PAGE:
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How Kant reconciles rationalism and empiricism.

Is it possible to reconcile rationalism and empiricism? If so, how? If not, why?

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Perhaps the greatest attempt to reconcile rationalism and empiricism was Immanuel Kant's construction of what he called "transcendental idealism" in his Critique of Pure Reason. During the Enlightenment, the debate between rationalism and empiricism was represented by philosophers like Rene Descartes (rationalism) and John Locke (empiricism).

In his Cartesian Meditations, Descartes believed he had proven that the mind had knowledge independent of the senses, and he established a philosophical "proof" for the existence of the self, God, and the world. One of his famous examples is watching a candle burning. While the "substance" of the candle wax changes form, from hard to melted liquid and is also vaporized as fuel in the fire, the mind is able to track the different permutations of the wax even though the sensory input changes with the burning of the wax. Descartes concluded that the mind has knowledge of the candle wax that does NOT come from the senses, because the sensory input changes over time. If knowledge came from the senses, ...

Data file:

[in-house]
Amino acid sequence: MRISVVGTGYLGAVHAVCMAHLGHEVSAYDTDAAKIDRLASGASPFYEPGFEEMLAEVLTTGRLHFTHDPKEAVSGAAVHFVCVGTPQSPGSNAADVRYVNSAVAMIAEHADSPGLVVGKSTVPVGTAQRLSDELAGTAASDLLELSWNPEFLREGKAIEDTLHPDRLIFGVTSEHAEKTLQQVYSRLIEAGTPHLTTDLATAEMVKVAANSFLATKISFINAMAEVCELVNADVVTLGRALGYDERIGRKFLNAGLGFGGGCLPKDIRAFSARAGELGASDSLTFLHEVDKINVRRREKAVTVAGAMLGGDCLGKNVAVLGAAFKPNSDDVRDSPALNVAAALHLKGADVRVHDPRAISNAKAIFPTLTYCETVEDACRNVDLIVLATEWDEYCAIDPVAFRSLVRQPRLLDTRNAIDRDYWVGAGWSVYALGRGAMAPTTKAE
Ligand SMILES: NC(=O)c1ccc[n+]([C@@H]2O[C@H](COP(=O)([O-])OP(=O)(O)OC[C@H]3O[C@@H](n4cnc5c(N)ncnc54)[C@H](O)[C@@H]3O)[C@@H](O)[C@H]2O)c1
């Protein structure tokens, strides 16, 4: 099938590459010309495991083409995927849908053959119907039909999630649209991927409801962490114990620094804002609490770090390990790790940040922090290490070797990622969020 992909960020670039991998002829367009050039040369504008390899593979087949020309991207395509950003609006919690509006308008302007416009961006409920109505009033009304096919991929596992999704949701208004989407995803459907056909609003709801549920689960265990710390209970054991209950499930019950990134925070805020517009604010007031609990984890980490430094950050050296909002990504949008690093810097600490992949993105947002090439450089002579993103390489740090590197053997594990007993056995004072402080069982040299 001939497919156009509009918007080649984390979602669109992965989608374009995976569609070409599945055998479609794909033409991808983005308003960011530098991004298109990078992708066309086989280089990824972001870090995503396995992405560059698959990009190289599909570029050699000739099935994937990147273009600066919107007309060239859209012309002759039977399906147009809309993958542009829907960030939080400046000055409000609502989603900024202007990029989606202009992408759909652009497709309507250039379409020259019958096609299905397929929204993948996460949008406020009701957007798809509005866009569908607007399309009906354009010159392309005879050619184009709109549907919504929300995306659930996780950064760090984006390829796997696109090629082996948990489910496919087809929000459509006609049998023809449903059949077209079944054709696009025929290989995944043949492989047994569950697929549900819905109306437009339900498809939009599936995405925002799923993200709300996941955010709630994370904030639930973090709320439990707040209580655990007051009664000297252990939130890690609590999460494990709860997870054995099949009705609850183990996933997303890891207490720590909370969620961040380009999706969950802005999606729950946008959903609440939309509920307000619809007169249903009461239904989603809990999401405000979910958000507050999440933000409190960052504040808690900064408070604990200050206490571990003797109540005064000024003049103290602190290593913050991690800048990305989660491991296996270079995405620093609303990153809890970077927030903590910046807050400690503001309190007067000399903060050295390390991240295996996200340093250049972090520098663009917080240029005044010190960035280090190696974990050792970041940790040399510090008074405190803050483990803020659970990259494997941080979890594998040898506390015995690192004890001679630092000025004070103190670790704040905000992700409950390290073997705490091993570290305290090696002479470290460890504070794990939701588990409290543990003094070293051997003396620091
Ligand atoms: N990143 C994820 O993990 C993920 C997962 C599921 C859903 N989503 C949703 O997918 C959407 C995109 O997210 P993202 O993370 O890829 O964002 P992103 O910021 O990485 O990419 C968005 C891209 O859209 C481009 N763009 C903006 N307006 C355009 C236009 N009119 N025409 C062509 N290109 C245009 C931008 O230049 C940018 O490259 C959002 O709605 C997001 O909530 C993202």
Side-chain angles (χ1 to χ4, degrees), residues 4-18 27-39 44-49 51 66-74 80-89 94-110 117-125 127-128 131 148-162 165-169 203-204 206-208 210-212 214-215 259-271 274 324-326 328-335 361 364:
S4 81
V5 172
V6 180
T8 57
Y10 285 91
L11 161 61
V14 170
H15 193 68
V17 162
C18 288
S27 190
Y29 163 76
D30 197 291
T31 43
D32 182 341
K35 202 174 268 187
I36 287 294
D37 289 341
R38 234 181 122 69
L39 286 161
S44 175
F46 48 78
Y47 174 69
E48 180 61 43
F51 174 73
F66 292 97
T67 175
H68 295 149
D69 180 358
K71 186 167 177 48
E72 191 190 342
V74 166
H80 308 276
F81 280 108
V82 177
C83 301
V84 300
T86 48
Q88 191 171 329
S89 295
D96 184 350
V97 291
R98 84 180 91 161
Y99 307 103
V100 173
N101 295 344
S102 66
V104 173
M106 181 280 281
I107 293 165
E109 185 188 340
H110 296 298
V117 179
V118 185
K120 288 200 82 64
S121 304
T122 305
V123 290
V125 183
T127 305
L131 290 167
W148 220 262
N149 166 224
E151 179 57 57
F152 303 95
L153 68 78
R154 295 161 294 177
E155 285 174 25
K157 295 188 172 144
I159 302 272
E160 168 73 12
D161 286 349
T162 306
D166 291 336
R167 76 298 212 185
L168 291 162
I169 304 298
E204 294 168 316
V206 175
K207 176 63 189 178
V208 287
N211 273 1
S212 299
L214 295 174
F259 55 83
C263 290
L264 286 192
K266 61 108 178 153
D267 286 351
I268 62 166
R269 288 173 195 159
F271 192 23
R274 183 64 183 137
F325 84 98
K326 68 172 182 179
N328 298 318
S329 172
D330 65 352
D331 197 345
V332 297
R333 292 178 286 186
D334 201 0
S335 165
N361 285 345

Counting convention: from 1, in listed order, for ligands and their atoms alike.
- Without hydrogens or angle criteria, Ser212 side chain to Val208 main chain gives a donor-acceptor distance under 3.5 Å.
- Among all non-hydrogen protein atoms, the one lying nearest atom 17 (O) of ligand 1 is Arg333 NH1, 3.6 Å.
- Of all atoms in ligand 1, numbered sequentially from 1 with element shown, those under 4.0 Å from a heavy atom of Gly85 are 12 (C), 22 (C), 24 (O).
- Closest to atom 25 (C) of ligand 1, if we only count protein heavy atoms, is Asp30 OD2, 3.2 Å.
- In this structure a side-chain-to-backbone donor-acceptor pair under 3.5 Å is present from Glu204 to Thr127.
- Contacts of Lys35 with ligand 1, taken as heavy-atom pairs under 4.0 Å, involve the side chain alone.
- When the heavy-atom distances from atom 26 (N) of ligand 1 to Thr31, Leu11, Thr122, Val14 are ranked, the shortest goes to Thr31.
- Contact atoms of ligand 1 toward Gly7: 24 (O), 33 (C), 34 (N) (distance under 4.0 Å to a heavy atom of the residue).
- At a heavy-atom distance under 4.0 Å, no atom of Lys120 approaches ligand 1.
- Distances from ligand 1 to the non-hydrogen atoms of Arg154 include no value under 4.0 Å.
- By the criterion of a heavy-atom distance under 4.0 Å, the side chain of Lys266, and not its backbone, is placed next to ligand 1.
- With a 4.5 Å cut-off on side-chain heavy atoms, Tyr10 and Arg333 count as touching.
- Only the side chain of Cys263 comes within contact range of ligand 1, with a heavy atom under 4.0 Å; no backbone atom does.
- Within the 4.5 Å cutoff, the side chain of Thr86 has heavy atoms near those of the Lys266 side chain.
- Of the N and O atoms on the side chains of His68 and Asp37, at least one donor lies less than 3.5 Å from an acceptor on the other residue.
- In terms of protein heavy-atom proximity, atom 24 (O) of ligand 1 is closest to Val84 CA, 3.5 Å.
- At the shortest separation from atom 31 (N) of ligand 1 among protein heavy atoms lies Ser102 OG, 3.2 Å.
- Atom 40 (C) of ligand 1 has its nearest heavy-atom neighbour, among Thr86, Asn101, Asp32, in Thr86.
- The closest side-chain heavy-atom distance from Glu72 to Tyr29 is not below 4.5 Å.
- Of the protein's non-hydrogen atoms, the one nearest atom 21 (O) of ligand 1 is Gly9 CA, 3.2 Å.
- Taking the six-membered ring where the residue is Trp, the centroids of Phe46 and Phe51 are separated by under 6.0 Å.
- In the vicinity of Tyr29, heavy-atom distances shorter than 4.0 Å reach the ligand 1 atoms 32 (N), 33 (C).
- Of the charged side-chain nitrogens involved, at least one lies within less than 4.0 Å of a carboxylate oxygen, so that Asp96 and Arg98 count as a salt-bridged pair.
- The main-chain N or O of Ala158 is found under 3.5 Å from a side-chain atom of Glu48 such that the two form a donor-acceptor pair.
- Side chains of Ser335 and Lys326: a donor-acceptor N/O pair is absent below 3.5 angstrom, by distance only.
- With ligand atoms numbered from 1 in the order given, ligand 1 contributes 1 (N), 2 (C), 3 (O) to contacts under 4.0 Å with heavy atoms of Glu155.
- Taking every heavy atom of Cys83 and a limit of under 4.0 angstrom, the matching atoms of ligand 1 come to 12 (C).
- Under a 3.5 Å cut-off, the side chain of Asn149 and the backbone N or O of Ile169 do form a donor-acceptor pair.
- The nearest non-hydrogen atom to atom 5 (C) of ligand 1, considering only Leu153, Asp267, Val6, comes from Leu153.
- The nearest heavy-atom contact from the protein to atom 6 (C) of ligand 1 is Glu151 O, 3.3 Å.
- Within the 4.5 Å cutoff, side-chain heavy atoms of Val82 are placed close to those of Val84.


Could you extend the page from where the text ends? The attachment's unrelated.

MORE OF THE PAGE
Solution Summary

This solution addresses how Kant reconciles rationalism and empiricism with his transcendental idealism from the Critique of Pure Reason, and also addresses the issue generally. It covers the rationalism of Descartes, and the empiricism of John Locke, and brings the issue up-to-date with some comments on quantum physics.